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Investors and FINRA

What is FINRA?

The Financial Industry Regulatory Authority, Inc. (FINRA) is a self-regulatory organization (SRO) under the Securities Exchange Act of 1934. For nearly 75 years FINRA, and its predecessor, the National Association of Securities Dealers, Inc. (NASD), have served as the primary private watchdog over its members within the securities and financial services industry.

While the SEC is the government agency that oversees and regulates all aspects of the securities industry, including FINRA, the private organization plays a vital role as a self-regulatory organization that exerts a strong influence over its members. Any reputable securities firm and individual brokers are expected to participate as members of FINRA and subject themselves to its oversight.

What is the Purpose of FINRA?

FINRA is dedicated to providing every investor, large and small, with an equal opportunity to invest and profit from participation in the securities industry. Achieving this fairness and avoiding fraud and manipulation requires aggressive and persistent vigilance. With a stated mission "to pursue investor protection and market integrity," FINRA oversees all components of the brokerage industry.

In carrying out its mission FINRA has built a nationwide network which works closely with local securities brokers, firms, and branch offices. It also oversees the functioning of the many firms that provide such services for brokers as education, testing and licensing of those seeking to be registered with the organization. Investors encounter the work of FINRA in dealing with those brokers and in transactions with the New York Stock Exchange, the NASDAQ Stock Market, Inc., the American Stock Exchange LLC, and/or the International Securities Exchange, LLC.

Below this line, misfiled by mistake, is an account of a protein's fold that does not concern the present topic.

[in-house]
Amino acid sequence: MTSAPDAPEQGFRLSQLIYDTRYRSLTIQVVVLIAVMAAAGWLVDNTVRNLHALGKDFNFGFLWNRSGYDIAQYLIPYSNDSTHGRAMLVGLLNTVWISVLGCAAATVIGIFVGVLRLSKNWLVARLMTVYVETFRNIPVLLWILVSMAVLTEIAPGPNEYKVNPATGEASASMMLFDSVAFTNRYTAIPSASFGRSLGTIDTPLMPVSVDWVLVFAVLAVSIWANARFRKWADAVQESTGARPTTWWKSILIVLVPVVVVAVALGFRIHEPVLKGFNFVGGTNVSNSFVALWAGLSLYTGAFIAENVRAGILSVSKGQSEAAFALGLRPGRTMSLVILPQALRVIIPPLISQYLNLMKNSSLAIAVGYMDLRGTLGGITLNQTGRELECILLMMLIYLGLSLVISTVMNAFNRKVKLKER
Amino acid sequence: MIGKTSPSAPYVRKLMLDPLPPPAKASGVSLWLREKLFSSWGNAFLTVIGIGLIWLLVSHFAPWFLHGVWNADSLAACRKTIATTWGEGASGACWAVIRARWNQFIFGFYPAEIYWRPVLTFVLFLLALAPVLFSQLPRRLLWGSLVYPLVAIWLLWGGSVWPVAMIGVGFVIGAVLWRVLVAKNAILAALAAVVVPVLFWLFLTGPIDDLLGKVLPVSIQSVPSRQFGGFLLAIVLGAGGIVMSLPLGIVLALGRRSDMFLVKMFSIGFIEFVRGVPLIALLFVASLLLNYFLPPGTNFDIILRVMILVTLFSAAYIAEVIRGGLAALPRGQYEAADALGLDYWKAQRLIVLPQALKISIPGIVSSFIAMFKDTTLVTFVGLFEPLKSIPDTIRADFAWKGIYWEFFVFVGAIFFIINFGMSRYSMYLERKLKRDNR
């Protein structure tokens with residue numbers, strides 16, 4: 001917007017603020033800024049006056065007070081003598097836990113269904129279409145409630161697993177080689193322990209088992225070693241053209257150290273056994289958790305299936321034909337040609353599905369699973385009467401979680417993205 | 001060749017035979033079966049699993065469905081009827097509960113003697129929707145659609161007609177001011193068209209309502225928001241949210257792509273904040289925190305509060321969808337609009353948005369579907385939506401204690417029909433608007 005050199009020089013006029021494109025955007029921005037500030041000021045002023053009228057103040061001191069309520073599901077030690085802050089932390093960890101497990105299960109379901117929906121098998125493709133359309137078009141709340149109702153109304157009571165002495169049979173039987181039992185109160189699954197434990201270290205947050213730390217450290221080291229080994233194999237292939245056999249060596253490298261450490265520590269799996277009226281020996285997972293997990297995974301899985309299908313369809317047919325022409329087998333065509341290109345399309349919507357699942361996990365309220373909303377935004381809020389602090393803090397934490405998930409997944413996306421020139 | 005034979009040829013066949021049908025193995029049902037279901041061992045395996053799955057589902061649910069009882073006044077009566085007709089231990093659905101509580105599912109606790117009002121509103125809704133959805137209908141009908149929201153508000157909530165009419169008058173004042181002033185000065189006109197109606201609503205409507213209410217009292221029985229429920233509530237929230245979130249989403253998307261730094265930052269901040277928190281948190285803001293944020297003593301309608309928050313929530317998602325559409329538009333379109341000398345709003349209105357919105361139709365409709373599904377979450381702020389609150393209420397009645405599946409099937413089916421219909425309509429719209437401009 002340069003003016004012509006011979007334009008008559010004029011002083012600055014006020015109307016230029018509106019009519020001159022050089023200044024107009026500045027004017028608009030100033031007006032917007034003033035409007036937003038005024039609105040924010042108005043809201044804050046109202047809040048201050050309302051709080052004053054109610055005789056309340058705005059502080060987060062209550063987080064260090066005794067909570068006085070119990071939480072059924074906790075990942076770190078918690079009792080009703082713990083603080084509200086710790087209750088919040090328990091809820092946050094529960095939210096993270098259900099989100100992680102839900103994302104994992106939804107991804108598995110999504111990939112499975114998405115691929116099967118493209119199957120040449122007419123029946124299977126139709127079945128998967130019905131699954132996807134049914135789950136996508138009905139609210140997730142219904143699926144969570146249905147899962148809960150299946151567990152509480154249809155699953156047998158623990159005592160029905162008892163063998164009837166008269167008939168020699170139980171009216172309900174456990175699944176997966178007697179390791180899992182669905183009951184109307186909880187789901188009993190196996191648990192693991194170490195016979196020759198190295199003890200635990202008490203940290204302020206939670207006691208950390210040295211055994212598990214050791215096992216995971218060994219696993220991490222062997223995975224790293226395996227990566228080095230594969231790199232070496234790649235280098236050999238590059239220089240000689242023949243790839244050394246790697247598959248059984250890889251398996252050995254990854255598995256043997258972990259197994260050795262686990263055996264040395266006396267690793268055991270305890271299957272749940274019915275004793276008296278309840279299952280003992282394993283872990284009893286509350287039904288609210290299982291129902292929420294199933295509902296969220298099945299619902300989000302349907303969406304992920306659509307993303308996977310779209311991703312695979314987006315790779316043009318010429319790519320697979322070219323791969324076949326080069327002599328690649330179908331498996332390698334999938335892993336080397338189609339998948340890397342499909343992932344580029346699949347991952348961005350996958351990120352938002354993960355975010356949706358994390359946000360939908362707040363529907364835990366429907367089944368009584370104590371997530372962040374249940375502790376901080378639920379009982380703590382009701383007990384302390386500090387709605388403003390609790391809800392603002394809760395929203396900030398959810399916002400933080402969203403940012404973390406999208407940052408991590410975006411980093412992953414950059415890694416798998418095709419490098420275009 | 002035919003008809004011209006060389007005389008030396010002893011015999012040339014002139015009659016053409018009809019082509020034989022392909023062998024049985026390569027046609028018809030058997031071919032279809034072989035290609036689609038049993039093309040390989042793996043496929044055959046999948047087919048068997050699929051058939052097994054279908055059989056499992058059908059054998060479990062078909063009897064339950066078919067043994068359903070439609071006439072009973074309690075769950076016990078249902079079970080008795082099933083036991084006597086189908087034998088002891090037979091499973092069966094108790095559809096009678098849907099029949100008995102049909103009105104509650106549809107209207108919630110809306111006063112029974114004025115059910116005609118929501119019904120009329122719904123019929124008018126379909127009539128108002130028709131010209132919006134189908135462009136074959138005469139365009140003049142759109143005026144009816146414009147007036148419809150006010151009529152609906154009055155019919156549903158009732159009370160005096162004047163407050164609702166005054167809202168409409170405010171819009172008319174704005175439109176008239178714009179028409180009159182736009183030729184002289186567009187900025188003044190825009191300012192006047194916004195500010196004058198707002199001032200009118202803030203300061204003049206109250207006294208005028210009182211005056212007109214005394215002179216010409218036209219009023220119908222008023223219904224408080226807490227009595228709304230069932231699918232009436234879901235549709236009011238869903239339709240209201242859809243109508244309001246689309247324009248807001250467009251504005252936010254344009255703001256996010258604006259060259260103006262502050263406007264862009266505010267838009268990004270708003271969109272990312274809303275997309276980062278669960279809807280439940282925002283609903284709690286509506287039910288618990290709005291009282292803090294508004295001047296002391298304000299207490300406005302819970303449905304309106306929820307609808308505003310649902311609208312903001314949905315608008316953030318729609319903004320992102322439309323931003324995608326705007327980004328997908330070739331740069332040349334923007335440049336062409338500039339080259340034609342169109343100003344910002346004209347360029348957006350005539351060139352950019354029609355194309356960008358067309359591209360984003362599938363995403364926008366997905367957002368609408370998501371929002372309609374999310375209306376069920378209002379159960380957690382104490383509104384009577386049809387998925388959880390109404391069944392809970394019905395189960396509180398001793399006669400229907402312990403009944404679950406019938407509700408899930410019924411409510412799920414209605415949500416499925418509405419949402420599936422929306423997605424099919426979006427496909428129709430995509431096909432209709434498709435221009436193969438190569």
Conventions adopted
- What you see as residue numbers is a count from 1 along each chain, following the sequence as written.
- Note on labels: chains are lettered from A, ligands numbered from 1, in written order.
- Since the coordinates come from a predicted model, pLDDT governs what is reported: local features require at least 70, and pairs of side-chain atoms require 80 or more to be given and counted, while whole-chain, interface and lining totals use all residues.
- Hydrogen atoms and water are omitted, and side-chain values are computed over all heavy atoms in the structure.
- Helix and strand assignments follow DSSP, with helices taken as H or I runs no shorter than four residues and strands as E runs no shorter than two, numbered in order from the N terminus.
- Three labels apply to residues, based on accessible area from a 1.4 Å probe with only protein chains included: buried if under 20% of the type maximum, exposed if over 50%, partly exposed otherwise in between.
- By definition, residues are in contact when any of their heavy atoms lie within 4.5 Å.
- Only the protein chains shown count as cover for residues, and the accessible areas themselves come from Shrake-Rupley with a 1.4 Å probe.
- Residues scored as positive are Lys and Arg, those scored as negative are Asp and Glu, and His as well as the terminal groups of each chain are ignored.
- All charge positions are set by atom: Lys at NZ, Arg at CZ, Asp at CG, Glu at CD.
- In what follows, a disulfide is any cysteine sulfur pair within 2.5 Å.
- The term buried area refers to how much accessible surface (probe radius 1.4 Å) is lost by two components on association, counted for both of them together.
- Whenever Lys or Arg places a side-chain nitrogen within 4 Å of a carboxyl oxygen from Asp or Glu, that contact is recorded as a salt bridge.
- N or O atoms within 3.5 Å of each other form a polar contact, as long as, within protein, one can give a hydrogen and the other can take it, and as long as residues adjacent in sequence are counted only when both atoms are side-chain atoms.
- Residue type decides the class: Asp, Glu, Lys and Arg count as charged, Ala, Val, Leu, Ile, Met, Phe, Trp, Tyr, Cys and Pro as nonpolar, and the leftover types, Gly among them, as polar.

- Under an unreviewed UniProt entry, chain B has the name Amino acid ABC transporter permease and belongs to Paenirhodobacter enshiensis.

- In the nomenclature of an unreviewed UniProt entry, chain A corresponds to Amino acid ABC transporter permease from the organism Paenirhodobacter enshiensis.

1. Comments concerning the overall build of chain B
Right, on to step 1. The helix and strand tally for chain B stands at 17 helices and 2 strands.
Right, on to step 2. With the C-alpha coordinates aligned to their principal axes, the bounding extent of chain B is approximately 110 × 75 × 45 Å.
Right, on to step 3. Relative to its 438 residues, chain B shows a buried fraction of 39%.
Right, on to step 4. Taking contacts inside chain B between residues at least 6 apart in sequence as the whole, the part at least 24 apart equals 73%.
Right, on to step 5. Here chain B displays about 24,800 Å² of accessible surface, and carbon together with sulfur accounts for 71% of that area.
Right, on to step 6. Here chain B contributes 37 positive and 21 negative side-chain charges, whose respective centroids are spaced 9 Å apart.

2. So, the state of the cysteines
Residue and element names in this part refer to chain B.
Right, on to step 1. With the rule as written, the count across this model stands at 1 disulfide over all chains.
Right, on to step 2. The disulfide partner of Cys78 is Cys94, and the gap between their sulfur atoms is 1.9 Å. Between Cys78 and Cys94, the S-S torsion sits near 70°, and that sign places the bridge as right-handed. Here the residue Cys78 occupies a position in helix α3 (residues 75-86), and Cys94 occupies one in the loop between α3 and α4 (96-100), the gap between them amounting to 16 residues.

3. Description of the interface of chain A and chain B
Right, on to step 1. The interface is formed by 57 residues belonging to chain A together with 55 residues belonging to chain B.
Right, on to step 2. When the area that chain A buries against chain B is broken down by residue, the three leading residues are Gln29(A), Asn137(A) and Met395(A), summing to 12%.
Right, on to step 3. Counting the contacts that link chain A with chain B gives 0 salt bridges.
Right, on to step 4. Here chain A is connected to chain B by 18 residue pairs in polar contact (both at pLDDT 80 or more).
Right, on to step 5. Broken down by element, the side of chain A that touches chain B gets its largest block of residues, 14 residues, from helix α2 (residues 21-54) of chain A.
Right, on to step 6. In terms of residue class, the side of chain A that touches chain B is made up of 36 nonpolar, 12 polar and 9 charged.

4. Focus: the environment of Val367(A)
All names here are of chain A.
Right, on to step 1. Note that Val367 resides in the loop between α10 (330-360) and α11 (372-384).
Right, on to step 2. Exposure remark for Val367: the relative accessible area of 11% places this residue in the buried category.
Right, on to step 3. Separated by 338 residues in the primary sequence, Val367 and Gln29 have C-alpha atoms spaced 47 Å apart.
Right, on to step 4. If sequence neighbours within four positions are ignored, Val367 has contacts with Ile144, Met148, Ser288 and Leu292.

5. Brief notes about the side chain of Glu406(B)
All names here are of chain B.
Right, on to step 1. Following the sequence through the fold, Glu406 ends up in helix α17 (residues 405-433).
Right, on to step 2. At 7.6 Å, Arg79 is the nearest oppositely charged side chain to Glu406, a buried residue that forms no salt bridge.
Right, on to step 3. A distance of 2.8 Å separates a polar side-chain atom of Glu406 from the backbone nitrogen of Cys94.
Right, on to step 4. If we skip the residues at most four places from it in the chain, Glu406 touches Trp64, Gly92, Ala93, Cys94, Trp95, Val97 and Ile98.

How Does FINRA Protect Investors?

The efforts of FINRA are both preventative and punitive. It seeks to develop and enforce regulations and guidelines to minimize common problems and practices that harm investors. It conducts regular inspections to evaluate and enforce compliance. When violations are found, changes are mandated and disciplinary actions are often taken. These can be against firms, individual brokers, or both.

Education of investors is one of the tools and goals of FINRA in fighting fraud and unprofessional practices in the securities industry. Investors can and should check with FINRA before using any securities firm or broker. They will quickly advise the investor of the status of membership, as well as any past violations and sanctions.

In the event of perceived wrongdoing, investors use the processes of mediation and arbitration (to which members must agree) to resolve issues and seek any recovery. FINRA has successfully overseen the return of hundreds of millions of dollars to investors.

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